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Today in the Mission Yearbook

Minute for Mission: A Season of Peace


The First Day of A Season of Peace

September 3, 2023

Celebrating 40 years of the Commitment to Peacemaking

“Peace be with you” (Luke 24:36; John 20:19, 21, 26)

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I wonder how many times I’ve said or written “peace be with you.” It is a greeting many of our congregations use weekly as an act of worship. It is a salutation I use in many of my correspondences. It’s such a common utterance to me that I sort of forgot that it’s biblical, too. Good for me for citing Scripture with such regularity. The phrase comes to us from the Gospels, spoken by the resurrected Jesus when he appears to the disciples behind locked doors. It is a way he makes himself known to them.  

Offering the peace of Christ is a way the Presbyterian Church (U.S.A.) makes itself known in the world, too. And this year marks the 40th anniversary of the PC(USA)’s Commitment to Peacemaking, a tool for Presbyterian congregations and worshiping communities to shape their peacemaking ministries. Cue the balloons and streamers. By affirming the Commitment, congregations and worshiping communities do a number of things. They declare that working for peace is an essential mission priority. They establish a framework for implementing peacemaking in their corporate life. They invite their members and friends to work for peace in their own lives, households, communities and world. And they challenge themselves to grow in and pass on peacemaking ministries to future generations.

Jeff Kellam, former director of the Video Education Center at the school previously known as the Presbyterian School of Christian Education, recently emailed me some archival video footage of the early days of the Commitment to Peacemaking. The videos feature Mike Maus, who was an NBC News journalist and a member of the General Assembly’s Peacemaking Advisory Committee in the mid-1980s. They are nostalgic, almost time-capsule-like looks at peacemaking when the Commitment to Peacemaking was still quite young. They capture the deliberations of congregations about the Commitment, the enthusiasm of members for this new expression of their call as believers, and the varied ways the Commitment was being lived out.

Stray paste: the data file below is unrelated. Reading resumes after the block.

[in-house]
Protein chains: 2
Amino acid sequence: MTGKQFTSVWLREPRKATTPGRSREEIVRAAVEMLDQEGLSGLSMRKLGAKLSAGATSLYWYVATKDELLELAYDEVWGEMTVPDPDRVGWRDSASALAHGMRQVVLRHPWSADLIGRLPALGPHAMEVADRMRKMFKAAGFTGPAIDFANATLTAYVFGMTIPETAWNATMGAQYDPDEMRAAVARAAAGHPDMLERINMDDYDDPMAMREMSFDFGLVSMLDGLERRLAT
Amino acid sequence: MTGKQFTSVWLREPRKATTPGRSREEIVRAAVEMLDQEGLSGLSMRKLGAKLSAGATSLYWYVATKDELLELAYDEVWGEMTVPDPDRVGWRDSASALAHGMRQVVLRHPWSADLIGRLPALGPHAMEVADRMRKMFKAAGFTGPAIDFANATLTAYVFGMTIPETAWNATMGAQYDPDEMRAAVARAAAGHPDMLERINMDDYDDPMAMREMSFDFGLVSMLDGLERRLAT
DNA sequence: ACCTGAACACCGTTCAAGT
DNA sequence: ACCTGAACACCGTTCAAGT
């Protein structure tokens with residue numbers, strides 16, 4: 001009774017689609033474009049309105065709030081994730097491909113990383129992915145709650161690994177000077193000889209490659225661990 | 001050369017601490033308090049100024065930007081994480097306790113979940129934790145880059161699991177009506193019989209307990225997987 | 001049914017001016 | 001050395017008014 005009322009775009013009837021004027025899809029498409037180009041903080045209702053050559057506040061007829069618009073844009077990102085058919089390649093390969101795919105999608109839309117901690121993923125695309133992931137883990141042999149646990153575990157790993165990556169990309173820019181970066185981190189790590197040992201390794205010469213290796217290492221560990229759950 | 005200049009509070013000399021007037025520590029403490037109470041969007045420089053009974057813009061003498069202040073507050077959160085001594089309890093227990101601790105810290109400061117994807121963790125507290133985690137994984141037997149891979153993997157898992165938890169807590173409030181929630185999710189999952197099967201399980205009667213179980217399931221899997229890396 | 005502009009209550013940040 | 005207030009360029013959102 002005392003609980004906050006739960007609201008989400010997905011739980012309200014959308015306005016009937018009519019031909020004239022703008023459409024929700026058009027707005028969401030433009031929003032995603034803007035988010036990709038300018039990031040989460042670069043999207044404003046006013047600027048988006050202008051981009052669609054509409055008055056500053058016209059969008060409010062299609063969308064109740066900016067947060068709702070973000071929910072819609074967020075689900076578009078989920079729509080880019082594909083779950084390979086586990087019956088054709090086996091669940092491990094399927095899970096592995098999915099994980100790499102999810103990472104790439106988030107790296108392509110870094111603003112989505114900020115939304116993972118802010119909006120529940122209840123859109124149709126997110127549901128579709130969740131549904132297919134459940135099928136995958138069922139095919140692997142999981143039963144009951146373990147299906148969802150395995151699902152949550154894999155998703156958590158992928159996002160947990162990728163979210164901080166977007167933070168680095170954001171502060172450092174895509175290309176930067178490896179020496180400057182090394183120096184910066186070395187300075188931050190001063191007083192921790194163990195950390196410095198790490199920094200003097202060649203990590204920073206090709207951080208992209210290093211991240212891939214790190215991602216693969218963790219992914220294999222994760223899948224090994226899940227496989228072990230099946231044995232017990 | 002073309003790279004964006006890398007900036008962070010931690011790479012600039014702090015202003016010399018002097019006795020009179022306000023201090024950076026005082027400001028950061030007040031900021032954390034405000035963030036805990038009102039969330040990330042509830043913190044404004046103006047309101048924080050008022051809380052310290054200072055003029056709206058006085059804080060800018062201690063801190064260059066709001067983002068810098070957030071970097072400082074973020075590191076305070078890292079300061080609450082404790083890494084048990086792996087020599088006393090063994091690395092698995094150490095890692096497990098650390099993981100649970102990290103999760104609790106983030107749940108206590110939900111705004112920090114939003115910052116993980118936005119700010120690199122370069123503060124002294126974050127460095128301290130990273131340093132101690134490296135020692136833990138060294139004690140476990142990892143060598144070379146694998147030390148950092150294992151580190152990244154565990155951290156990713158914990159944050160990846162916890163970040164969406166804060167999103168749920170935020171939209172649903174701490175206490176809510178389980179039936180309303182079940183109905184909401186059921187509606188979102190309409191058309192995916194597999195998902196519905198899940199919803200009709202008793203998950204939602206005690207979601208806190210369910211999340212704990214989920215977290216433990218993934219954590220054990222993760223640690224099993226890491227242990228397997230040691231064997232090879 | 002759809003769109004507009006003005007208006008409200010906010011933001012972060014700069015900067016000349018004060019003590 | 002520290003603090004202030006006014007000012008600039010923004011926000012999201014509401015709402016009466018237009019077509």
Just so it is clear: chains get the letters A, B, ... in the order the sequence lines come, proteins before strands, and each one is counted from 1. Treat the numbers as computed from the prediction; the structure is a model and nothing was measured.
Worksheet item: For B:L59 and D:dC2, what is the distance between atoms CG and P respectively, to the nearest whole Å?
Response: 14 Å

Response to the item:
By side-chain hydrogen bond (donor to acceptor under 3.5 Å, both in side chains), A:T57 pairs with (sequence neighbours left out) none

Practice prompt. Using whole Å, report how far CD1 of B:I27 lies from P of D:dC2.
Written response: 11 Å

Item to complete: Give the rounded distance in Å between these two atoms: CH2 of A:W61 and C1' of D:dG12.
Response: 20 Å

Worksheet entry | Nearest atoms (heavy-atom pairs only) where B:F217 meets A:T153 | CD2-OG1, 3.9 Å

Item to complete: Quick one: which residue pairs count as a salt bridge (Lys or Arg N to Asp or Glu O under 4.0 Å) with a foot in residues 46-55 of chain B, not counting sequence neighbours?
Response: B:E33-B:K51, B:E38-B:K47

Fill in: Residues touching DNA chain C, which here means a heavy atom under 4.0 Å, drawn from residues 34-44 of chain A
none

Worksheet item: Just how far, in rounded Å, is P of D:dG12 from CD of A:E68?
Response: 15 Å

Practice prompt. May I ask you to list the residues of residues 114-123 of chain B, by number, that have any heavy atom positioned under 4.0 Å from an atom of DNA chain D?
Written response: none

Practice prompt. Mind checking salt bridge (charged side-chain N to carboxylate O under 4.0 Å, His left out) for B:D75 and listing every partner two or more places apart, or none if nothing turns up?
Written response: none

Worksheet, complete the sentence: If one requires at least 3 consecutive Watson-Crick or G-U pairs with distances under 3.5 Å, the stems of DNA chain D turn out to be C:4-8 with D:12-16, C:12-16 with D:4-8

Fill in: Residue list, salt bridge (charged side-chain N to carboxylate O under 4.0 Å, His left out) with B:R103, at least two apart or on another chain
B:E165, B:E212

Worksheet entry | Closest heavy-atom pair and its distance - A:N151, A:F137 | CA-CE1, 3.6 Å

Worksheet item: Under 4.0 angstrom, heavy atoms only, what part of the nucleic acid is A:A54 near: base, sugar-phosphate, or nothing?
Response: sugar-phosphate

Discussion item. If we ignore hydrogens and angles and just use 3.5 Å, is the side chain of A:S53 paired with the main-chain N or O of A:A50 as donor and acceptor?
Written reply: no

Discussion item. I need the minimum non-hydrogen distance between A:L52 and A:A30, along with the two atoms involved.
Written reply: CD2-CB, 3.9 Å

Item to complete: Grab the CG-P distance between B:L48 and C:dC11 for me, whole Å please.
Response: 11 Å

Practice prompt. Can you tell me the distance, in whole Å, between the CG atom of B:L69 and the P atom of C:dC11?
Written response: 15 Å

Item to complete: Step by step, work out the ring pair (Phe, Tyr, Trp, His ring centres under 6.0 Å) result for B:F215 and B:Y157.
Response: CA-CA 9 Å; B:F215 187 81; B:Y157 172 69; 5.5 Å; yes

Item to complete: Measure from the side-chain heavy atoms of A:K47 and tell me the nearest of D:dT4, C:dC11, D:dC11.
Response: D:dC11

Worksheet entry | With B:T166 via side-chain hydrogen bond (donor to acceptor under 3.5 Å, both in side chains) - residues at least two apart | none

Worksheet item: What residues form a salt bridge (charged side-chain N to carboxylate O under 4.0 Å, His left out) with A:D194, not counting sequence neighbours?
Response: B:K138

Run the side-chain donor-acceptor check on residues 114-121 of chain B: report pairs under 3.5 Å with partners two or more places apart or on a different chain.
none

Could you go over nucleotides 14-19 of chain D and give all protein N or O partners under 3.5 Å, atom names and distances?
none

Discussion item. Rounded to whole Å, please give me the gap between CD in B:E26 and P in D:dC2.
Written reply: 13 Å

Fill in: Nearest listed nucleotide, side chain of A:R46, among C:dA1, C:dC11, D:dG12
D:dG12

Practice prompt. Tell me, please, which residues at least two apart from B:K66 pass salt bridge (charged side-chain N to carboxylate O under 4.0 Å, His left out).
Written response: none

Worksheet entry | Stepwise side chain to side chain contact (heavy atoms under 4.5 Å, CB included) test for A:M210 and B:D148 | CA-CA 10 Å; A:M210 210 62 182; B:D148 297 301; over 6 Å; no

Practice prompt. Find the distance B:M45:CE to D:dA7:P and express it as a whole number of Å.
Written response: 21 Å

Forty, as you may know, is a biblical number: raining for 40 days and 40 nights, 40 years of wandering in the wilderness, and so on. It is a number of fullness, completeness and basically a lot of time. Forty years of peacemaking is worth celebrating, so we might just get a Peacemaking sheet cake and put 40 candles on it. But when the party is over, we need to resume our Commitment. The peace of Christ must still be shared and the Commitment to Peacemaking must continue to be lived out in the Presbyterian Church (U.S.A.).

Today begins another “Season of Peace,” one that continues until World Communion Sunday, Oct. 1, when the Peace and Global Witness Offering is received. Subscribe to the daily Path of Peace reflections delivered to your inbox each morning. Check out all the resources, including “Peace Cards” for children, a five-session adult Bible study, a five-session lesson plan for children, a coloring poster and an intergenerational peace fair.

The Rev. Carl E. Horton serves as the coordinator of the Presbyterian Peacemaking Program with the Presbyterian Mission Agency.

Revised Common Lectionary Readings for Sunday, September 3, 2023, the Twenty-Second Sunday in Ordinary Time (Year A)

Today’s Focus: A Season of Peace begins

Let us join in prayer for:

PC(USA) Agencies’ Staff
Bridgette Lewis, Mission Specialist, Young Adult & National Volunteers, World Mission, Presbyterian Mission Agency
Clare Lewis, Senior Vice President, Sales & Marketing, Presbyterian Investment & Loan Program

Let us pray

O God, we give thanks for 40 years of the PC(USA)’s Commitment to Peacemaking. We celebrate the many and varied expressions of peacemaking in our congregations, mid councils, and denomination. As we begin this year’s Season of Peace, open us to new insights, inspire us to greater faithfulness and guide us in the ways of peace, for you are our peace. Amen.